SHANGHAI (REUTERS) - Asian shares and US stock futures rose on Friday (Oct 11) after US President Donald Trump said he would meet with China's top trade negotiator, while the pound retreated after rallying on revived hopes of a possible Brexit deal.
Investors' renewed appetite for riskier assets weighed on the safe-haven yen and US Treasury prices, while oil stayed firm on comments about possible supply cuts from the head of OPEC.
In early Asian trade, MSCI's broadest index of Asia-Pacific shares outside Japan rose 0.5 per cent, following on from gains on Wall Street. S&P e-mini futures added 0.2 per cent.
Australian shares climbed 0.8 per cent, while Japan's Nikkei stock index gained 0.9 per cent.
Singapore's Straits Times Index advanced 0.4 per cent, or 13.30 points to 3,102.78 as at 9.01am.
On the Singapore bourse, gainers outnumbered losers 68 to 28, after about 41.9 million shares worth S$38.2 million changed hands.
Among the most heavily traded by volume, Spackman rose 9.1 per cent, or 0.1 cent to 1.2 cents, with 9.3 million shares traded; while Rex International was up 1.3 per cent, or 0.1 cent to 7.8 cents, with 4.6 million shares traded.
On Wednesday, Catalist-listed film producer and investor Spackman Entertainment Group said its new South Korean film Crazy Romance will debut in 22 markets, including Singapore.
Also buttressing the benchmark index were the financials - UOB gained almost 1 per cent, or 25 cents to $25.74, OCBC Bank rose 0.9 per cent, or nine cents to $10.74, and DBS added 0.6 per cent, or 15 cents to $24.86.
Other active index stocks included CapitaLand which climbed 1.1 per cent, or four cents to $3.55, and Venture Corp which gained 0.9 per cent, or 13 cents to $15.30.
CapitaLand on Friday said it has priced a new $500 million fixed rate perpetual issue at 3.65 per cent. Sold on Thursday, orders exceeded $900 million, which allowed the notes to be priced lower than the initial guidance of around 3.85 per cent.
IG market strategist Pan Jingyi noted that the US-China trade fuelled optimism will be the key driver for Asia markets, as investors await the resumption of Friday's talks.
"Little are expected out of the Asia session that may derail the glow though keeping an eye on any further comments on the talks. The latter half of the day would find Singapore's August retail sales reading, ahead of Germany’s September inflation reading to watch," Ms Pan added.
The more bullish market mood came after a first day of trade talks between top US and Chinese negotiators that Trump characterised as "very, very good."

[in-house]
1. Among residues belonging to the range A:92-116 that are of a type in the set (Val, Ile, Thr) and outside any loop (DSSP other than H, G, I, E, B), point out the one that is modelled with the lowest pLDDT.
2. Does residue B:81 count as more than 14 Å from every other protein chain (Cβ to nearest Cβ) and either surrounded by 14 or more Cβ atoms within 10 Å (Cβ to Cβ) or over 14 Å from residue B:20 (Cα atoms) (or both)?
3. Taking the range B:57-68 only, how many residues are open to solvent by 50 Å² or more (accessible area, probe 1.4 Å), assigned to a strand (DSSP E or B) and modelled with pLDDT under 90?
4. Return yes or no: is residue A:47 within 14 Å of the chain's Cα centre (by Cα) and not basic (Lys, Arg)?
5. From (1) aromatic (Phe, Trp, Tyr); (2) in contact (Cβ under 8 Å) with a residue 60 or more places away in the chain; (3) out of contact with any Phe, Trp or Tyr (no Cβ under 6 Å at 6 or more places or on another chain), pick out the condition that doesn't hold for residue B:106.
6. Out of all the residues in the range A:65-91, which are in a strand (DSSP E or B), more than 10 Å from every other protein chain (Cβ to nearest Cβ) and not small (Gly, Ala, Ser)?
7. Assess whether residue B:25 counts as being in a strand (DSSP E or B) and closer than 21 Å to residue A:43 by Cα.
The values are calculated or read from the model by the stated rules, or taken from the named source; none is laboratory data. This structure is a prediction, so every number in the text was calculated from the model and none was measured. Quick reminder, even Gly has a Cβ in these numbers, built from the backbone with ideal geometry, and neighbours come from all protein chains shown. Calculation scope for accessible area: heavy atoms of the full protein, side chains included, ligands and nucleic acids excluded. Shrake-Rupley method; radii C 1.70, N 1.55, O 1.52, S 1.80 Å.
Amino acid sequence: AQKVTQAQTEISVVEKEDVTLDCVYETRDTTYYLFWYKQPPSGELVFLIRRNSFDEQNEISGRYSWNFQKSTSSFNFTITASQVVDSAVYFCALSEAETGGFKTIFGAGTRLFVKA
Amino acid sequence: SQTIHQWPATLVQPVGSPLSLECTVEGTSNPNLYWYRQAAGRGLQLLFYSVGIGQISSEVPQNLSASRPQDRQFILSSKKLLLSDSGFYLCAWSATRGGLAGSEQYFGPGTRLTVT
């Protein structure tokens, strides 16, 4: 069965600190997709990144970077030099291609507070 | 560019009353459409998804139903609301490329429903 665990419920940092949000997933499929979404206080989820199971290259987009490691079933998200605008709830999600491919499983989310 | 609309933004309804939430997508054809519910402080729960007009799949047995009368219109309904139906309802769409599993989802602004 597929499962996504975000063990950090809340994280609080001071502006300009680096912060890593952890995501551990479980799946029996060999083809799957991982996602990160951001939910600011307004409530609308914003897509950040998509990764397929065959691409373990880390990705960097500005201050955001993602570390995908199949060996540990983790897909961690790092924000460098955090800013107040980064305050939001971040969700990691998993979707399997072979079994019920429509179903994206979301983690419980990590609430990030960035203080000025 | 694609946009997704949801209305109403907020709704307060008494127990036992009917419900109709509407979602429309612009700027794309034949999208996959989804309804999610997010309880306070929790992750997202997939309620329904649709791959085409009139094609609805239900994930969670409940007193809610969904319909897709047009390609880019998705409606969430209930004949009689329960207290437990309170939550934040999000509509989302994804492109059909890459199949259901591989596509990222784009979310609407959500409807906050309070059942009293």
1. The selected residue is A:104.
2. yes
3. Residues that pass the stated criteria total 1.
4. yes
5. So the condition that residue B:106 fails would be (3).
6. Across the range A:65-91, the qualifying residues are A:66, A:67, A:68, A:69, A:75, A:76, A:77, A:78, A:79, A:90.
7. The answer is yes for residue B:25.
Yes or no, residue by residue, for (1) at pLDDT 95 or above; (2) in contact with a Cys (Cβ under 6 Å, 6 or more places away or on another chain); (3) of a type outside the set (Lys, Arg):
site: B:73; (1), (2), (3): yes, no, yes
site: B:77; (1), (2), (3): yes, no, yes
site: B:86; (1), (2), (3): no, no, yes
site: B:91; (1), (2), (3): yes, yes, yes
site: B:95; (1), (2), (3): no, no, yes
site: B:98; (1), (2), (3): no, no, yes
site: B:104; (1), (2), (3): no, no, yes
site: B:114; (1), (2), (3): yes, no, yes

A White House official said the talks had gone "probably better than expected" and a US Chamber of Commerce official briefed by both sides raised the possibility of a currency agreement this week.
"Freezing tariffs at current levels are unlikely to reverse the current trade driven slowdown in economic growth, and the uncertainty around unresolved structural issues such as IP theft and subsidies to state own enterprises are likely to remain deterrents for a pick-up in much needed capital expenditure," analysts at National Australia Bank said in a morning note.
"On this score details on a potential currency pact will be important," they said.
The US dollar rose 0.1 per cent against the yen to 108.07, while the euro was flat at US$1.1004 and the pound was slightly lower, fetching US$1.2432.
The dollar index, which tracks the greenback against a basket of six major rivals, was down at 98.663 after posting
its biggest daily drop in five weeks on waning safe-haven demand for the currency.
The British pound jumped nearly 2 per cent on Thursday, its biggest daily gain since March, after Irish Prime Minister Leo Varadkar said a Brexit deal could be clinched by the end of October after what he called a very positive meeting with his British counterpart, Boris Johnson.
The move away from safe havens also lifted the yield on benchmark 10-year Treasury notes to 1.6716 per cent compared with a US close of 1.656 per cent on Thursday. Yields rose across the curve, with two-year notes yielding 1.5464 per cent compared with a US close of 1.53 per cent.
In commodity markets, oil prices remained higher after the head of Opec said the organisation could take action to balance oil markets, including a deeper cut in oil supplies.
US crude was up 0.43 per cent to US$53.78 a barrel and global benchmark Brent crude was up 0.46 per cent at US$59.37 per barrel.